What y’all ain’t gonna do in 2018 is sleep on Noname.

Rolling Stone and Mick Jenkins are right, Noname is one of the greatest rappers alive.

I have followed Noname’s work since her appearance on Chance The Rapper’s Acid Rap and she inspired one of my sewing adventures in the past (see them there receipts). And on Thursday night, my appreciation for her artistry grew exponentially with the release of Room 25. What follows is a biased, non-objective off the top reaction to Noname’s new album. What you are about to read are my thoughts. Just my thoughts, man – right or wrong, just what I was feeling at the time.

My favorite tracks thus far.

“Self”

What an introduction. Noname is coming out swinging (“My p***y teaching ninth-grade English/
My p***y wrote a thesis on colonialism”). She did not come to play with you heaux.

“Blaxploitation”

Not for a light, casual listen. One must be attentive and alert for “Blaxploitation”. The bass guitar strumming gives a sense of urgency and unease that could serve as the score for a prelude to a car chase scene in a 1970’s film. The weight of Black stereotypes, appropriation, pandering and violence to the psyche (“I’m struggling to simmer down, maybe I’m an insomni-black/Bad sleep triggered by bad government”) are the subjects of Noname’s clever, rapid-fire lines.

“Prayer”

A Bebop and funk tinged piece, the first verse covers a wide range of societal ills and systematic oppression from lack of healthcare, gentrification and codification. The second verse hones in on police brutality. In the second verse, Noname plants the listener in the perspectives of the shooter and the victim. Why would such a dark piece rise to the top? It’s lyrically masterful. It hits a nerve. You can not listen to “Prayer Song” and not be moved by the way Noname explicates gut-wrenching and poignant instances of injustice.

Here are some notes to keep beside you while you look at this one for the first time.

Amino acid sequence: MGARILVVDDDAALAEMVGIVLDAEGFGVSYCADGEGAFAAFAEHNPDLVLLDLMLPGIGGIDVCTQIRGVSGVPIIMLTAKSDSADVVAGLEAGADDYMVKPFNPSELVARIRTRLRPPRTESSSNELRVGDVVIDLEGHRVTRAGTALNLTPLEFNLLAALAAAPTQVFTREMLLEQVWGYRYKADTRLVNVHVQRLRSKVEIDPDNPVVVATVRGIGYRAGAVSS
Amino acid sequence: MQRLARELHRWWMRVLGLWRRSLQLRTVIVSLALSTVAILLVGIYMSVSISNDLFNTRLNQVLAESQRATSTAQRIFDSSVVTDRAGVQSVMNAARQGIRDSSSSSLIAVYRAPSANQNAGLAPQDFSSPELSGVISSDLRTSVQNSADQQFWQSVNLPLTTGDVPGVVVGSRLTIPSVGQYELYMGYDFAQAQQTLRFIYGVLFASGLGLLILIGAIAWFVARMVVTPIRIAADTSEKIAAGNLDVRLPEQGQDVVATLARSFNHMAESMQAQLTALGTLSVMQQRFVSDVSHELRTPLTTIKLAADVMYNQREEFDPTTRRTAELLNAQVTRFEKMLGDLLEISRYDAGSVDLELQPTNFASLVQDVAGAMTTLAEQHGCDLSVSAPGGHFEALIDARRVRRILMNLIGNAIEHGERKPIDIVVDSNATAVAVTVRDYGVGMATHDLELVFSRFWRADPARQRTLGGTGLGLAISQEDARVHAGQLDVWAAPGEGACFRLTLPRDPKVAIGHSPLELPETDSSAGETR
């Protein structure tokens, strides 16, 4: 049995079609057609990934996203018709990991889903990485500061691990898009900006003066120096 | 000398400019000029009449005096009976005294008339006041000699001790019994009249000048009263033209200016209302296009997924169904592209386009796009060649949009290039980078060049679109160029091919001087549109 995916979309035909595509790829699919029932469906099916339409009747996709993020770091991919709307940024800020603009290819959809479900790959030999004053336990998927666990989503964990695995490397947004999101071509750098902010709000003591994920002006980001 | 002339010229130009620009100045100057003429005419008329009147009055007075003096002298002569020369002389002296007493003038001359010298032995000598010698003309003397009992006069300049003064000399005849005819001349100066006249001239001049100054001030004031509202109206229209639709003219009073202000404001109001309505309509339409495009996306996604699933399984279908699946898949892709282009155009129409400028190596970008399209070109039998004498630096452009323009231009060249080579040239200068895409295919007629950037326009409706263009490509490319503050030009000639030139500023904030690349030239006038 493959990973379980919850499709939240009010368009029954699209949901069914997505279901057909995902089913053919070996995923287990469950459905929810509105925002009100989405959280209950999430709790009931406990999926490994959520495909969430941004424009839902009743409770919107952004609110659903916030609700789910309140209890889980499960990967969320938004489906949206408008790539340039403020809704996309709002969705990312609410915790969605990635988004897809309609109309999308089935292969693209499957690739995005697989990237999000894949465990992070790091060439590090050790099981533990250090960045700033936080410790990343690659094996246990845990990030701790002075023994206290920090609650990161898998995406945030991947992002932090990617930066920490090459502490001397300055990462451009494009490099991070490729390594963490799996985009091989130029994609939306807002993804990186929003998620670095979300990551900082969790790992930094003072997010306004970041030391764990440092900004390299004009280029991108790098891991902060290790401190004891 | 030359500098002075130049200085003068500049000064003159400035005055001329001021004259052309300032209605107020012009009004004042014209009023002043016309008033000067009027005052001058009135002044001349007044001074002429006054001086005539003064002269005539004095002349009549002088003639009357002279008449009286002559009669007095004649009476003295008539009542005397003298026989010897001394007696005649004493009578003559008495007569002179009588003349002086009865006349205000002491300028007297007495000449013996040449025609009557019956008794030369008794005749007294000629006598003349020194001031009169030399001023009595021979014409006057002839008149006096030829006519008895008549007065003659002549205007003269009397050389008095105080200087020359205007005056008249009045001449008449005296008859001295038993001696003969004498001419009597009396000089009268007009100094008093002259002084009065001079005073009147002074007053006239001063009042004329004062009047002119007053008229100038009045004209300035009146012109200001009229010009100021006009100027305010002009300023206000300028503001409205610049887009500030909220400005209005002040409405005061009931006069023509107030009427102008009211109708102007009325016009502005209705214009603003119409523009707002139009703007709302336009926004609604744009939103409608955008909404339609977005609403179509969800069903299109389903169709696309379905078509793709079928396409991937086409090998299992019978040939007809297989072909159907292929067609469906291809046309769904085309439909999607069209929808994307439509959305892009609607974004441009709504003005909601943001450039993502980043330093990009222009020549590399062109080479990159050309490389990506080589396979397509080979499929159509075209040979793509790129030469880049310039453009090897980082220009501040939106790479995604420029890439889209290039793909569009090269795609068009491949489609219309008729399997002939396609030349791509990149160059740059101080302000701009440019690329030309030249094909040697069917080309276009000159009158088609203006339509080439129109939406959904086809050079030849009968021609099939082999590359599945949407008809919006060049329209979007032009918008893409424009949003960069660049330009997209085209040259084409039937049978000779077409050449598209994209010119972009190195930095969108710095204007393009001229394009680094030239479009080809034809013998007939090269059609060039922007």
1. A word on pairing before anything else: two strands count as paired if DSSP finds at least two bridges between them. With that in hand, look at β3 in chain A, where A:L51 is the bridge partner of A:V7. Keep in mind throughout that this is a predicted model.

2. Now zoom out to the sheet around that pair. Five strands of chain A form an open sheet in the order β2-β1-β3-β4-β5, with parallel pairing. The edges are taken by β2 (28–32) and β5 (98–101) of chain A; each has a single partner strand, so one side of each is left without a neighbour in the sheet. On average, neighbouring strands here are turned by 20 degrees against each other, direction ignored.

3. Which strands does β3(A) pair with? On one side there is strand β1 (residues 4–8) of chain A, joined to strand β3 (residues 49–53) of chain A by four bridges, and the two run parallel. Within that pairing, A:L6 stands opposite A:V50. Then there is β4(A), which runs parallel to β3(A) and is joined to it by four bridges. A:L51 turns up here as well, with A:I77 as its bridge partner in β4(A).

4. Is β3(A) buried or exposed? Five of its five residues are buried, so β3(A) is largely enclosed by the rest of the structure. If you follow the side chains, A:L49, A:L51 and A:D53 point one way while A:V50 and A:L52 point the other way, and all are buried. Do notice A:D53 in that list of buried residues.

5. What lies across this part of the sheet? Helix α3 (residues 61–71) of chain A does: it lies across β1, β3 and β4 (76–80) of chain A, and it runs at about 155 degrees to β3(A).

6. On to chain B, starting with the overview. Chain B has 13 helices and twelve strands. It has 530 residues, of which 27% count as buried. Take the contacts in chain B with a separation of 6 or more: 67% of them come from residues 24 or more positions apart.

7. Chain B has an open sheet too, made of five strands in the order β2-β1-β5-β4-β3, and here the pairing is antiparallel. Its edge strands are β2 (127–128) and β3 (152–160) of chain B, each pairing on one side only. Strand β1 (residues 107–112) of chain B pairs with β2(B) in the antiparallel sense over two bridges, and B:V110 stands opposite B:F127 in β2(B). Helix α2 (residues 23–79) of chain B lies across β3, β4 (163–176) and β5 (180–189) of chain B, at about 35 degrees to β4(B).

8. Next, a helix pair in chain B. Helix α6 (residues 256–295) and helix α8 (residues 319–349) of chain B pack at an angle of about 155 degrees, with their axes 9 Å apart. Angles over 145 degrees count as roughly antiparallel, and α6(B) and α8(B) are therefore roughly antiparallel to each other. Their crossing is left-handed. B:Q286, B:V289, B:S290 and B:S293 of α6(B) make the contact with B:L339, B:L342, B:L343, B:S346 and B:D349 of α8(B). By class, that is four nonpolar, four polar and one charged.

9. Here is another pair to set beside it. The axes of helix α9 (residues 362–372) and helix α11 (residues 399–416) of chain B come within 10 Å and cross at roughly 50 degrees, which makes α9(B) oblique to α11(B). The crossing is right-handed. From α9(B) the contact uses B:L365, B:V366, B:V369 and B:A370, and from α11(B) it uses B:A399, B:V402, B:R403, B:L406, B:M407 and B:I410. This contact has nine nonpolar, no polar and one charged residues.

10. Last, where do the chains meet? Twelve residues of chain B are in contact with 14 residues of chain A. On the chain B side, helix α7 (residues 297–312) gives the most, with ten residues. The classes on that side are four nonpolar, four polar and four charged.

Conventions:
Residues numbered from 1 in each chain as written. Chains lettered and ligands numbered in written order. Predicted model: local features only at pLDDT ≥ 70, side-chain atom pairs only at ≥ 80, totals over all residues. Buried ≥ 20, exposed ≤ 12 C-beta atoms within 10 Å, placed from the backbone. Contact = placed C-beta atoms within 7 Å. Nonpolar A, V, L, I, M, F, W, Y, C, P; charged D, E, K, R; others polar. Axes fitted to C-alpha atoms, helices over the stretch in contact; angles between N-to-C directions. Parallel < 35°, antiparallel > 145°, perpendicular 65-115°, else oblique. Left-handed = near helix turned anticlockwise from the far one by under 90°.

“Window”

I am a sucker for string instrumentation and arrangements so “Window” hits. Maybe I purchased better headphones, maybe I am more attentive these days, or maybe the production has gone up a notch, but the live instrumentation seems tighter. Crispy high hats and resonating bass chords and fine violins layered throughout “Window” make it an instant fave. I’m all for songs about falling for and falling out with someone, and leaving the relationship stronger and more insightful (“Quit looking out the window, go find yourself/Come get the bag with your kinfolk, don’t doubt your wealth”). Noname transmuting heartbreak to healing y’all.

Above all, Noname is sucker-punching the sophomore album boogieman that can haunt many promising artists with well-received debut albums. Room 25 is certainly not without quips and humorous lines that were apparent on Telefone. You still get cutting lines and free-form flows that engender deep reflection and a good chuckle, but Room 25 brings in new themes around romantic relationships and growth. What remains with Noname’s growth is her ability to skillfully describe the pain and joy (throughout the album, even to the last line of the closing track – (“You are the joy in all the pain/Don’t forget from where you came”)) that make up this thing called life.

Read some proper reviews of Room 25 at DJ Booth and Fader.

Noname is scheduled to go on tour in early 2019. For more information about Noname, Room 25 and her upcoming tour, visit www.nonamehiding.com.

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